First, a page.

International Day of Sign Language: Celebrations in ECE - Sticks & Stones Education

International Day of Sign Language: Celebrations in ECE

International Day of Sign Language: Celebrations in ECE

International Day of Sign Language is part of our Celebrations in Early Childhood Education Series. Communication is the cornerstone of human interaction. It helps us to overcome boundaries and foster social connections with one another.

We acknowledge  the richness and diversity of sign languages around the world. This special day serves as a reminder of the importance of inclusivity and accessibility for individuals who are deaf or hard of hearing. Let's delve into the significance of this day, its history, and some engaging activities educators can incorporate into their plans to mark the occasion.

The Significance of International Day of Sign Language: Bridging Communication Gaps

The International Day of Sign Language, observed annually on September 23rd, is a testament to the power of sign languages in promoting communication and inclusivity. Sign languages are complete, natural languages with their own grammar and vocabulary, allowing individuals who are deaf or hard of hearing to communicate effectively and express themselves on par with spoken languages. This day raises awareness about the importance of recognizing and supporting sign languages as a means to break down communication barriers and create an inclusive society.

The History of the International Sign Language Day

The roots of the International Day of Sign Language can be traced back to the World Federation of the Deaf (WFD), an organization established in 1951. The WFD recognized the need to advocate for the rights of deaf individuals, including the recognition of sign languages as legitimate means of communication. In 2017, the United Nations General Assembly officially designated September 23rd as the International Day of Sign Language, coinciding with the International Week of the Deaf. This day is a culmination of efforts to promote linguistic and cultural diversity within the deaf community.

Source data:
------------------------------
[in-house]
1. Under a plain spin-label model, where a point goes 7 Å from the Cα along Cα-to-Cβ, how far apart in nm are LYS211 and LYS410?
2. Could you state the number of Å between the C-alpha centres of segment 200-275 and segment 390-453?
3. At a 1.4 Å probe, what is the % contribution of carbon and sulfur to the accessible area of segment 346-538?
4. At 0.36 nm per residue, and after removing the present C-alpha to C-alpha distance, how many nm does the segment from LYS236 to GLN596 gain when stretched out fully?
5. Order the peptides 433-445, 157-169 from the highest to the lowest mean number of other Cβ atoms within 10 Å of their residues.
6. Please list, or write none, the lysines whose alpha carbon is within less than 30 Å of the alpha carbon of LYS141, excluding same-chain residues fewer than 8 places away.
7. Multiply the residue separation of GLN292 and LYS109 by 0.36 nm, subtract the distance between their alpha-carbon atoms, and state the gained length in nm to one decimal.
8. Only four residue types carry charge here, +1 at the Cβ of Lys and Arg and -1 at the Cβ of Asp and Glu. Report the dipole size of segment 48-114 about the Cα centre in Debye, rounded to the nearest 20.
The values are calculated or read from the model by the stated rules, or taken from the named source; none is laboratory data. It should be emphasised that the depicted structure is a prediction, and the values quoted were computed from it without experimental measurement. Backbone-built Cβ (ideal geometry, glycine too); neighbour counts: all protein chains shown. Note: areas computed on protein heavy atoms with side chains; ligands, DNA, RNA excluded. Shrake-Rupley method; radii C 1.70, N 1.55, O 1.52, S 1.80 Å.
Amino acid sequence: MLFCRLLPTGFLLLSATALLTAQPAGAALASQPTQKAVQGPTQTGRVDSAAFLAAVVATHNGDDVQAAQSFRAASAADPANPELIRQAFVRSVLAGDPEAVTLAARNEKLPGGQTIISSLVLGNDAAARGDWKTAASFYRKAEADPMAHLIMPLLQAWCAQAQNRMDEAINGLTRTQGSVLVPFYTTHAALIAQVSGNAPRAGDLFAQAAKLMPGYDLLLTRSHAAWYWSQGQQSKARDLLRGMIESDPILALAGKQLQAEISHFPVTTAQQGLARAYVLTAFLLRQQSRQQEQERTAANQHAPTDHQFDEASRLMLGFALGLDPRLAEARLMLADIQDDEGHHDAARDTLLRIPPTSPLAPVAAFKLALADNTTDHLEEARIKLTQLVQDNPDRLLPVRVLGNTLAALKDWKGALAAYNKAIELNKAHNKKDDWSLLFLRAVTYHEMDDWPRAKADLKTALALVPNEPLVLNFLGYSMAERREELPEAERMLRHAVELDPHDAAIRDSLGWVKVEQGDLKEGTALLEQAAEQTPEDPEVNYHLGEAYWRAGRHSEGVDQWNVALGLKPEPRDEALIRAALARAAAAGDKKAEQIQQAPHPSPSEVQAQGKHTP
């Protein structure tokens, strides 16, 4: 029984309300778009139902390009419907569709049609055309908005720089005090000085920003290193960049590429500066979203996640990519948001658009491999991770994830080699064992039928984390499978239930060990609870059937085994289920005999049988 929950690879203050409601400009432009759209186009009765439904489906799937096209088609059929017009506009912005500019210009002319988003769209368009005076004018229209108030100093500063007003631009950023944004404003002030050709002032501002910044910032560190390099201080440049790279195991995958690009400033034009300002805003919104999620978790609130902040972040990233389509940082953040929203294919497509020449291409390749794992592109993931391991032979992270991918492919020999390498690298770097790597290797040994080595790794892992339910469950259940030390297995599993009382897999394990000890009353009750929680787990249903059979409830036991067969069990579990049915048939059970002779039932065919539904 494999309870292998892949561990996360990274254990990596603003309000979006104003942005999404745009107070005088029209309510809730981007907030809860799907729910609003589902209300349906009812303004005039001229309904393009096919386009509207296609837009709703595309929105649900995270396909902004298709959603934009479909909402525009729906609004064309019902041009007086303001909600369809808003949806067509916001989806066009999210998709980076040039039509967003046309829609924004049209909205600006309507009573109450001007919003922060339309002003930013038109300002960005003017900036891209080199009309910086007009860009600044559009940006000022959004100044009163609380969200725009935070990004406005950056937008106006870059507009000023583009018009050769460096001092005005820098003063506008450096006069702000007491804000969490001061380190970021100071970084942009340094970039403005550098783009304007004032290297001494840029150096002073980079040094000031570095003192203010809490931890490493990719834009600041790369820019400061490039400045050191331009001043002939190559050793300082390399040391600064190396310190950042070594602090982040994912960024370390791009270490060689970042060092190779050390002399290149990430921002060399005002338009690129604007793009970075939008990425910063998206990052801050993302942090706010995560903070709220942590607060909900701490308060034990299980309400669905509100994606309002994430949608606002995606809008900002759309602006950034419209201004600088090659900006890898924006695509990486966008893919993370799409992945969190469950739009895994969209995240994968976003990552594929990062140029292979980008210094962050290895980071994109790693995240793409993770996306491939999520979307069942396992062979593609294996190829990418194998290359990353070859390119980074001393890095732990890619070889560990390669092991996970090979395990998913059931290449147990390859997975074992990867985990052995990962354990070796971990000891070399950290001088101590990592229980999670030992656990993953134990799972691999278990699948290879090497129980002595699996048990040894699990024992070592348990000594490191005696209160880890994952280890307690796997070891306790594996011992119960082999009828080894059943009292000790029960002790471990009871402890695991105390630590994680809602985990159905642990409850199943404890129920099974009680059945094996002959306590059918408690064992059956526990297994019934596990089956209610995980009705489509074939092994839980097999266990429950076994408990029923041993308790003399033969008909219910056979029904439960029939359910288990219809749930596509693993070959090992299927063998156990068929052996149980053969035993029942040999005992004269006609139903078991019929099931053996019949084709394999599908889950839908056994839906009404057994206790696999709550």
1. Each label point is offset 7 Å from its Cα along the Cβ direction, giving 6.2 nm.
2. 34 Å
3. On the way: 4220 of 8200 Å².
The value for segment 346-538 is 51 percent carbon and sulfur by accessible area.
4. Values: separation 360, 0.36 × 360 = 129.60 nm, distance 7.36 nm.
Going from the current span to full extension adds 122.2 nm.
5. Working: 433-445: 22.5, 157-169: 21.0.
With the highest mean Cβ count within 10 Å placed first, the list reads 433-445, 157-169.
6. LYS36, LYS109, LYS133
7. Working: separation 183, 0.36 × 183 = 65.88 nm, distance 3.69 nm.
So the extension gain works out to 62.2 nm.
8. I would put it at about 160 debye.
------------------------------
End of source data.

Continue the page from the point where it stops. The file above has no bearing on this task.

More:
What is the Australian Sign Language, Auslan?

In Australia, the primary sign language system catering to both children and adults with hearing impairments is Auslan. This language forms a vital bridge of communication, enabling interaction and understanding between individuals in the community. The structure of the Auslan alphabet aligns itself with the widely recognized Latin alphabet employed throughout Australia. 

Tracing its roots to the nineteenth century, the origins of the Auslan alphabet are deeply entrenched in contemporary Austlalian history. However, it wasn't until the latter half of the twentieth century that Auslan gained formal recognition as a distinct language. The nomenclature "Auslan," an acronym for 'Australian Sign Language,' was coined by the visionary Trevor Johnston.

What Happened to Makaton in Australia?

For some of us old timers, we were using Makaton instead of Auslan with our students. I remember there being books at one long day care service where I worked, and I remember there were courses on it. Makaton disappeared though in 2010 as it is a trademarked term for the use in the United Kingdom where its origins lie. So, in Australia, it is now known Key Word Sign. You can learn more about Key Word Sign at Key Word Sign Australia.

International Sign Language Day and links with the EYLF: Early Years Learning Framework

The celebration of the International Day of Sign Language aligns with the principles of the Early Years Learning Framework (EYLF). The EYLF emphasizes the importance of creating inclusive learning environments that cater to the diverse needs of all children. By incorporating sign language or key word signs into early childhood education, educators foster a sense of belonging, support communication development, and promote an understanding of different cultures and ways of expression.